A special atmosphere at The HumpBy RICK CLEVELAND,
Mississippi State’s No. 3 ranked Lady Bulldogs rolled to their 19th straight victory in as many games with a 75-61 pasting of Alabama this past Sunday in Starkville.
Never mind that the NFL playoffs were on the boob tube, a crowd of more than 9,000 showed up at The Hump to see Vic Schaefer’s team carve up another foe. State trounced Ole Miss 76-45 earlier in the week. State is averaging 86 points per game, while allowing only 56 points a game. That’s an average victory margin of 30, which is only surpassed in impressiveness by the fact State has drawn 6,124 fans per home game.
There are any number of ways to describe how good State has been thus far, but perhaps the best is this: The Bulldogs have been so good that Schaefer has been able to red-shirt five-star guard Myah Taylor, who has to be the nation’s most heralded scout team player.
“Special,” is what Schaefer calls the atmosphere at The Hump these days.
Opponents likely have another name for it, especially when the Bulldogs turn their defense up a notch as they did in the second quarter Sunday. Trailing 20-16 after the first quarter, State outscored the Crimson Tide 28-9 in the second quarter, forcing 10 turnovers in the process.
For all their offensive prowess – and Teaira McCowan and Victoria Vivians are both All Americans in that regard – the Bulldogs remain a team driven by defense. That’s what Schaefer preaches and teaches most. That’s what State fans have come to appreciate most – and if you don’t believe that then you didn’t see McCowan’s ferocious block of an Ole Miss fourth quarter shot and the crowd’s thunderous reaction.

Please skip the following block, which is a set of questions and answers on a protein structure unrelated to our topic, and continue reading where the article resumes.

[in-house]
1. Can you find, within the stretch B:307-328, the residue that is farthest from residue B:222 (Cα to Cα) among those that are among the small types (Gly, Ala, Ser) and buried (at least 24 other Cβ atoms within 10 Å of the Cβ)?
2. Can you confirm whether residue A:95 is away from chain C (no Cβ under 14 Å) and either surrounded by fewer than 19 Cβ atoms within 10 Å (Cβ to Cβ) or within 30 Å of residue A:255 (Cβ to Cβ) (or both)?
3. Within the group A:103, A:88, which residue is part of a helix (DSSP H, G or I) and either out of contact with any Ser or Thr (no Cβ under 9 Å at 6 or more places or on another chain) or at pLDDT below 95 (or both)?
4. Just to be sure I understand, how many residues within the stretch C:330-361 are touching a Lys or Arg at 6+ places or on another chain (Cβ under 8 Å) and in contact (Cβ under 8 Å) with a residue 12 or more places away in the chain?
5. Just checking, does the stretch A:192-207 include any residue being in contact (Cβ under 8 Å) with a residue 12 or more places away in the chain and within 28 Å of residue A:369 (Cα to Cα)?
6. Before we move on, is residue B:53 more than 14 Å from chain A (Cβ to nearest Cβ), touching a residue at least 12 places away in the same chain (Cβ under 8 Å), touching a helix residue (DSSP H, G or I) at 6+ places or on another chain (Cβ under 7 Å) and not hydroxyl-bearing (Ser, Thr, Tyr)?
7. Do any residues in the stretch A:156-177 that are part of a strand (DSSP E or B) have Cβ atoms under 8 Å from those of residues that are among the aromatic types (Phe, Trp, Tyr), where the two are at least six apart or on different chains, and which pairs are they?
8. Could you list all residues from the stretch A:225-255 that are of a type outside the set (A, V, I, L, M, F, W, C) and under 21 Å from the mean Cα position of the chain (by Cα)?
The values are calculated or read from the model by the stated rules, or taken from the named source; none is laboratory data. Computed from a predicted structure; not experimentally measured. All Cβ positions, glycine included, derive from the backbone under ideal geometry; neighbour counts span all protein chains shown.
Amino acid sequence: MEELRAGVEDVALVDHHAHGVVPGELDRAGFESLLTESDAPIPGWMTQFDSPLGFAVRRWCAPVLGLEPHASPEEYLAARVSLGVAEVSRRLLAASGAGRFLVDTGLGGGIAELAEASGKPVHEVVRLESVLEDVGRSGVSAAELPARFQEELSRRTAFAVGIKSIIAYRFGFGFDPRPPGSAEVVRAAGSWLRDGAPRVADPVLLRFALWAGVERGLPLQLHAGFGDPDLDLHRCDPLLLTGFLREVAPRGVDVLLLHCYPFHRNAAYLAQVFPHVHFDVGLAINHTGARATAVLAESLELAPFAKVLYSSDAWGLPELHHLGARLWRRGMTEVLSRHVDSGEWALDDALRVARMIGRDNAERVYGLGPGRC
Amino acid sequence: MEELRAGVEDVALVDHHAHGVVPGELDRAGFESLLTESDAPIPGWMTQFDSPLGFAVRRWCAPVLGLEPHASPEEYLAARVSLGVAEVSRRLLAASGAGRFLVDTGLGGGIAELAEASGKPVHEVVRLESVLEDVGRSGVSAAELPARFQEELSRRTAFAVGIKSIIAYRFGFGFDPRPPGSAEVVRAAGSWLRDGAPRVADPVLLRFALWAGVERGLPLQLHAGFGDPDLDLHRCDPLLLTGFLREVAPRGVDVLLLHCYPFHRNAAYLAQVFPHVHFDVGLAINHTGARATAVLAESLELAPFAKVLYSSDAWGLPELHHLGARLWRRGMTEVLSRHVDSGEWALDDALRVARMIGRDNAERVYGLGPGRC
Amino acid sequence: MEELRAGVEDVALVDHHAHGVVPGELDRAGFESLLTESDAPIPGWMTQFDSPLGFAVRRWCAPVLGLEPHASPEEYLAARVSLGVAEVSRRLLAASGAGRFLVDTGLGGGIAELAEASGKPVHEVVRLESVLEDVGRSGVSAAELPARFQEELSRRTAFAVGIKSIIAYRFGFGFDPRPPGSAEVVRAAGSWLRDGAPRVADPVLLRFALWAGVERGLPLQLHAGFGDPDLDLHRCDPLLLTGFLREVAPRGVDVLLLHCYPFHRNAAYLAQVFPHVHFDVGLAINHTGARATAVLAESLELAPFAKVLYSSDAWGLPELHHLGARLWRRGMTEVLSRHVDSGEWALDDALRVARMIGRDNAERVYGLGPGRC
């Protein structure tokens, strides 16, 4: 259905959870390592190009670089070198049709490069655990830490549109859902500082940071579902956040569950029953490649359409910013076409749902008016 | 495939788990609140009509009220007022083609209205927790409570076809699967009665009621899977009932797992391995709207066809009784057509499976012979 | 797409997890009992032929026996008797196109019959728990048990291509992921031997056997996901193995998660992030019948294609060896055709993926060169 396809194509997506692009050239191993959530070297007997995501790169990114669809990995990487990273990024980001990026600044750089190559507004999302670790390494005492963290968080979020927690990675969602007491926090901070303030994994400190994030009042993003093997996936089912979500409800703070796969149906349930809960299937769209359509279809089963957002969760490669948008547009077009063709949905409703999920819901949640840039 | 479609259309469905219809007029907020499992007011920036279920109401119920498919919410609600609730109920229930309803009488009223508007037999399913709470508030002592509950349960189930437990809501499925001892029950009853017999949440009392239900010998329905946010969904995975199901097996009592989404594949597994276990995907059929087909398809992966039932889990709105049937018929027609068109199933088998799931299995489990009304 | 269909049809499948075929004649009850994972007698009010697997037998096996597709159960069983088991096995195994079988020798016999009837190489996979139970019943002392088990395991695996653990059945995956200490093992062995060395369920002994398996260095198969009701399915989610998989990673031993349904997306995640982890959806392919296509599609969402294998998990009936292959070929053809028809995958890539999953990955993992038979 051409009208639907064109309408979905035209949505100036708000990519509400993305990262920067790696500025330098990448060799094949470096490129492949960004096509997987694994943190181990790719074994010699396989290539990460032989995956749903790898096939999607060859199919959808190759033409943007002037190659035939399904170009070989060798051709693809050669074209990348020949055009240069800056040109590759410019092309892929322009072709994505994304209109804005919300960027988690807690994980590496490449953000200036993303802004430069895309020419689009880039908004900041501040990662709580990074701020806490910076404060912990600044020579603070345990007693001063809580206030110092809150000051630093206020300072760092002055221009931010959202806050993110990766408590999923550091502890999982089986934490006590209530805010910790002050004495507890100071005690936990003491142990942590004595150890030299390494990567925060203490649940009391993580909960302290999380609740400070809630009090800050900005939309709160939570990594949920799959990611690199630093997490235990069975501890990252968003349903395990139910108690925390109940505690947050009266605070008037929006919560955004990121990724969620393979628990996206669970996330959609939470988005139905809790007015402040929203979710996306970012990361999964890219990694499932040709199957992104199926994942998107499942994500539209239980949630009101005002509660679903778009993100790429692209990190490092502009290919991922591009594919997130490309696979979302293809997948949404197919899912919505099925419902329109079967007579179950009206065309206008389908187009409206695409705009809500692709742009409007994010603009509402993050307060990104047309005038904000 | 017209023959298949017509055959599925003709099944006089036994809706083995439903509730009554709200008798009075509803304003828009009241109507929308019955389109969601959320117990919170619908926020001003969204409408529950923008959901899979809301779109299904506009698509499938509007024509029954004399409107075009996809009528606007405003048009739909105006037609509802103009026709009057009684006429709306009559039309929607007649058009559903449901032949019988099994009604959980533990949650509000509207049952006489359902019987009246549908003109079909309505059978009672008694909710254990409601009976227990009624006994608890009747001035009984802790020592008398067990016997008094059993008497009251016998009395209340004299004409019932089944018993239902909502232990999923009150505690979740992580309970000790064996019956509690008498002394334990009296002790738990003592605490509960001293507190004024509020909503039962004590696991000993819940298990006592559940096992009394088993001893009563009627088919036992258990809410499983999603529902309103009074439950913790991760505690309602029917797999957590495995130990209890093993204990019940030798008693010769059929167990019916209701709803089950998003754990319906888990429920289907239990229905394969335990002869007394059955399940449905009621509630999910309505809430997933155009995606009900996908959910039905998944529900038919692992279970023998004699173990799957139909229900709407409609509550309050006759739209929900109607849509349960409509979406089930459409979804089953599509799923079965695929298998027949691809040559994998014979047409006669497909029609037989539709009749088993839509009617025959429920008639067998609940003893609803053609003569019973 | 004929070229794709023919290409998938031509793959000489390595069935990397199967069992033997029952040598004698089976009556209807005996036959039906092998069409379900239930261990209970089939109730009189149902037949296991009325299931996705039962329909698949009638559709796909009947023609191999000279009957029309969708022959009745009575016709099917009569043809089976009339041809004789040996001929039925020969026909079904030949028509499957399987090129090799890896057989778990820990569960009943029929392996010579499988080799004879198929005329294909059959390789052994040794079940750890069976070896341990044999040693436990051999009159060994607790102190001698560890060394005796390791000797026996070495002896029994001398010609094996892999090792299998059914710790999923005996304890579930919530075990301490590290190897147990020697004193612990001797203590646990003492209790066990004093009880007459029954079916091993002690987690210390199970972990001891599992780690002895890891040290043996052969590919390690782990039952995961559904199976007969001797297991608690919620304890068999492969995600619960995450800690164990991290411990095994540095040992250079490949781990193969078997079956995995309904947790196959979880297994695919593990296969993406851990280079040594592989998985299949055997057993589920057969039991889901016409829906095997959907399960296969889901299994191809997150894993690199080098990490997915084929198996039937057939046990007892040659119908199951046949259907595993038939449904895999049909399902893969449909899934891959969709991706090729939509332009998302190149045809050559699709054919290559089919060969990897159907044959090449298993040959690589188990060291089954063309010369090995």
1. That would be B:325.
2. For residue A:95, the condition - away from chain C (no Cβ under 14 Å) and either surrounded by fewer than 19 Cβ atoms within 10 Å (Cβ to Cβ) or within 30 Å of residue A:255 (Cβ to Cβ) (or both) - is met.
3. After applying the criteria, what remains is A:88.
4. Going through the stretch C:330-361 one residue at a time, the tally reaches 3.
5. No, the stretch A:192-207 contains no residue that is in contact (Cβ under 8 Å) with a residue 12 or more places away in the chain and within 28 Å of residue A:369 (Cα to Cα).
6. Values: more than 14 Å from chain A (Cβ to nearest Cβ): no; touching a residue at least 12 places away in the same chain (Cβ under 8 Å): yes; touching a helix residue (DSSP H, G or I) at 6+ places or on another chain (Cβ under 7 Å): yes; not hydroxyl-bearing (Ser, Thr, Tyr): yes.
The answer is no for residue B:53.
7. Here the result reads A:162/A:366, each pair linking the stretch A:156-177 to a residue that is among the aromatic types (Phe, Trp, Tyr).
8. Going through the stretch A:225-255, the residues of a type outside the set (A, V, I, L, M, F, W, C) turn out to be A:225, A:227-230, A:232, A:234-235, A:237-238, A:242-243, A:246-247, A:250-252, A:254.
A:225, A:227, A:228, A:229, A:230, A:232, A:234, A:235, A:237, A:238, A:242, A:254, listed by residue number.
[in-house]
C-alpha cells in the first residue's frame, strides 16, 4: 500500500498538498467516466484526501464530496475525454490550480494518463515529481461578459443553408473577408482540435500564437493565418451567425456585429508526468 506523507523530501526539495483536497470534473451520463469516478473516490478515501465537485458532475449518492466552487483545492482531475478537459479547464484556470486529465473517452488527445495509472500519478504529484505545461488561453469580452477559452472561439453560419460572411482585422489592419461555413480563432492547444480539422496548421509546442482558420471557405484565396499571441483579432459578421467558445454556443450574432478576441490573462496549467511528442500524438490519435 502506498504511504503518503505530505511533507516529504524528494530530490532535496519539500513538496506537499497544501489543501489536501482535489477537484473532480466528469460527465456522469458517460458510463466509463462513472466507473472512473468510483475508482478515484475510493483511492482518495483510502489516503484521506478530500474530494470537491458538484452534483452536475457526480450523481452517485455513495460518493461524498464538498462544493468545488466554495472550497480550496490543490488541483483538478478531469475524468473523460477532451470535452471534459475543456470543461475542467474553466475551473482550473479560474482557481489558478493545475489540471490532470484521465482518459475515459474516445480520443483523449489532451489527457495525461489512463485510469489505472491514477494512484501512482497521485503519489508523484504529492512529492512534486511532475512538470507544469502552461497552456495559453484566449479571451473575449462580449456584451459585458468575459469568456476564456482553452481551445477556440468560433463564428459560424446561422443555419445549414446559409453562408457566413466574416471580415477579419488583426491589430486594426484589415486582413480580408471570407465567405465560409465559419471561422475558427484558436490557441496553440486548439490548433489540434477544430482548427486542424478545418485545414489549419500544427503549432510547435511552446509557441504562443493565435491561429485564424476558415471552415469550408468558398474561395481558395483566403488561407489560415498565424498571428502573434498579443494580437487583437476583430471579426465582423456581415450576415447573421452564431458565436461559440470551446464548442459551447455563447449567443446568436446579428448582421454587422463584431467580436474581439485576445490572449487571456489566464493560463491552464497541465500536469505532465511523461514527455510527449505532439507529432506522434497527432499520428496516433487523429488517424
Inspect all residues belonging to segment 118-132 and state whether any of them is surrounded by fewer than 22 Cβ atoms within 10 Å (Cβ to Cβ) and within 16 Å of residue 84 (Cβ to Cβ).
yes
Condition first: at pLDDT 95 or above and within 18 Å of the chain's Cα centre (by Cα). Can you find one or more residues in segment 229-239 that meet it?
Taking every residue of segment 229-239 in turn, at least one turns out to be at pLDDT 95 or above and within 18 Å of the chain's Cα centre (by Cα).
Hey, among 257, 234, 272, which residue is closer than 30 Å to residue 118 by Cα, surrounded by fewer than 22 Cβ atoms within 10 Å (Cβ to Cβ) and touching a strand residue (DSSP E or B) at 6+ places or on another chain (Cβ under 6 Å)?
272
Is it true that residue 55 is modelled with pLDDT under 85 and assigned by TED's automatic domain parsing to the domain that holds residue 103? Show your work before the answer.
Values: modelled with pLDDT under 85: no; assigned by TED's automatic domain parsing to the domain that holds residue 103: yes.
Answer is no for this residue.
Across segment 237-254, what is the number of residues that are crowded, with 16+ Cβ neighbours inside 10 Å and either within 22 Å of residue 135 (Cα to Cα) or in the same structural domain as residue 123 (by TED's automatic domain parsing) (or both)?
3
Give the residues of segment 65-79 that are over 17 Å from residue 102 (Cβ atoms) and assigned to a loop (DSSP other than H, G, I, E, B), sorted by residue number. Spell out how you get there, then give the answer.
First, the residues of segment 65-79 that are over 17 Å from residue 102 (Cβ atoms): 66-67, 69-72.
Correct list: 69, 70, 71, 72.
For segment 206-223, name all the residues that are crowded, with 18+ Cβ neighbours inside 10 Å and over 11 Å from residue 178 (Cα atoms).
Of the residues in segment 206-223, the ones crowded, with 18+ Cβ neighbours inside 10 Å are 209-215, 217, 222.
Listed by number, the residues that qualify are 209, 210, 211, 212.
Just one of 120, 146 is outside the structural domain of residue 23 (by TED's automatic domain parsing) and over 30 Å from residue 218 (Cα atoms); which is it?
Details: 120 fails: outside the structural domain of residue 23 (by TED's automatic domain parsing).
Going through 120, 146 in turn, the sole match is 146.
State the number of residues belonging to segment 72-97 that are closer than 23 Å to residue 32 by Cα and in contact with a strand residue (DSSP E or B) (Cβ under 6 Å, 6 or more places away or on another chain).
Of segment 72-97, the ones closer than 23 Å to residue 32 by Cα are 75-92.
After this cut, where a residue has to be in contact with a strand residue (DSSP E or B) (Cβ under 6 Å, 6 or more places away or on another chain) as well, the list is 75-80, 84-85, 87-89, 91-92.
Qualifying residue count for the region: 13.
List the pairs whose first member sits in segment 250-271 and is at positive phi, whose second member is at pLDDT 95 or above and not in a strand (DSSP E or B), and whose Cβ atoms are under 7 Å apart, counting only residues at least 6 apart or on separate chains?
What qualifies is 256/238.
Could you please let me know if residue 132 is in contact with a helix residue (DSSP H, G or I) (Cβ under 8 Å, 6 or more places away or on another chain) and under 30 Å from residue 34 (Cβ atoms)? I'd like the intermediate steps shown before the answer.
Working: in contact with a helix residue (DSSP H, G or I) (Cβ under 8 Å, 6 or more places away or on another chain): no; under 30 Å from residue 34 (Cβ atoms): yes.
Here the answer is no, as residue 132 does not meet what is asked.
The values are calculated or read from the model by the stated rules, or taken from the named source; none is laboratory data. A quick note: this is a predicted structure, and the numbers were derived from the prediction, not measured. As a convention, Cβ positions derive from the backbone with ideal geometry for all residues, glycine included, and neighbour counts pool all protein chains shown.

Now then, State has a few days to prepare for the toughest test of the season to date – a road game at Tennessee, where the Lady Vols are 16-1 and coming off a road victory over defending national champion South Carolina. The Bulldogs will need to play for four quarters the way they played for 10 minutes in the second quarter on Sunday. (Tennessee plays a Thursday night game at Notre Dame.)
In fact, four of State’s last 11 games are against ranked teams, two at home and two on the road.
Nevertheless, the team most folks seem to want to measure these Bulldogs against is the team that played its way all the way to the NCAA championship game last year. Those would be the 2016-17 State Bulldogs who finished 34-5 and most notably shocked UConn in the national semifinals.
My take: The current State team is better offensively, is catching up on defense and comes up short in only one area in comparison to last year’s team. The Bulldogs don’t have as much depth inside the paint as they had a year ago.
When McCowan gets in foul trouble – as she did against Ole Miss – Schaefer doesn’t have another physical force such as Chinwe Okorie to insert into the game. With both McCowan and Vivians on the bench with two fouls in the second quarter, Ole Miss out-scored State 11-6. Indeed, without McCowan and Vivians on the floor, the Bulldogs looked fairly average.
Expect teams like Tennessee to pound the ball inside against McCowan in an attempt to get State’s 6-foot, 7-inch junior in foul trouble. How far this team goes might well depend on how much 6-3 sophomore Zion Campbell, McCowan’s back-up, improves down the stretch. Schaefer believes she Campbell, together with 6-1 Australian freshman Chloe Bibby, potentially can provide the necessary depth inside.
We shall see. Meanwhile, we marvel at the grace and technical improvement of Vivians, three-time winner of the C Spire Gillom Trophy. Vivians apparently has saved her absolute best for last, shooting a by-far-her-career-best 54 percent from the field. She has improved defensively and as a rebounder as well. She’s a better player than she has been, and for three years running she has been the best in Mississippi.
Rick Cleveland (firstname.lastname@example.org) is a Jackson-based syndicated columnist.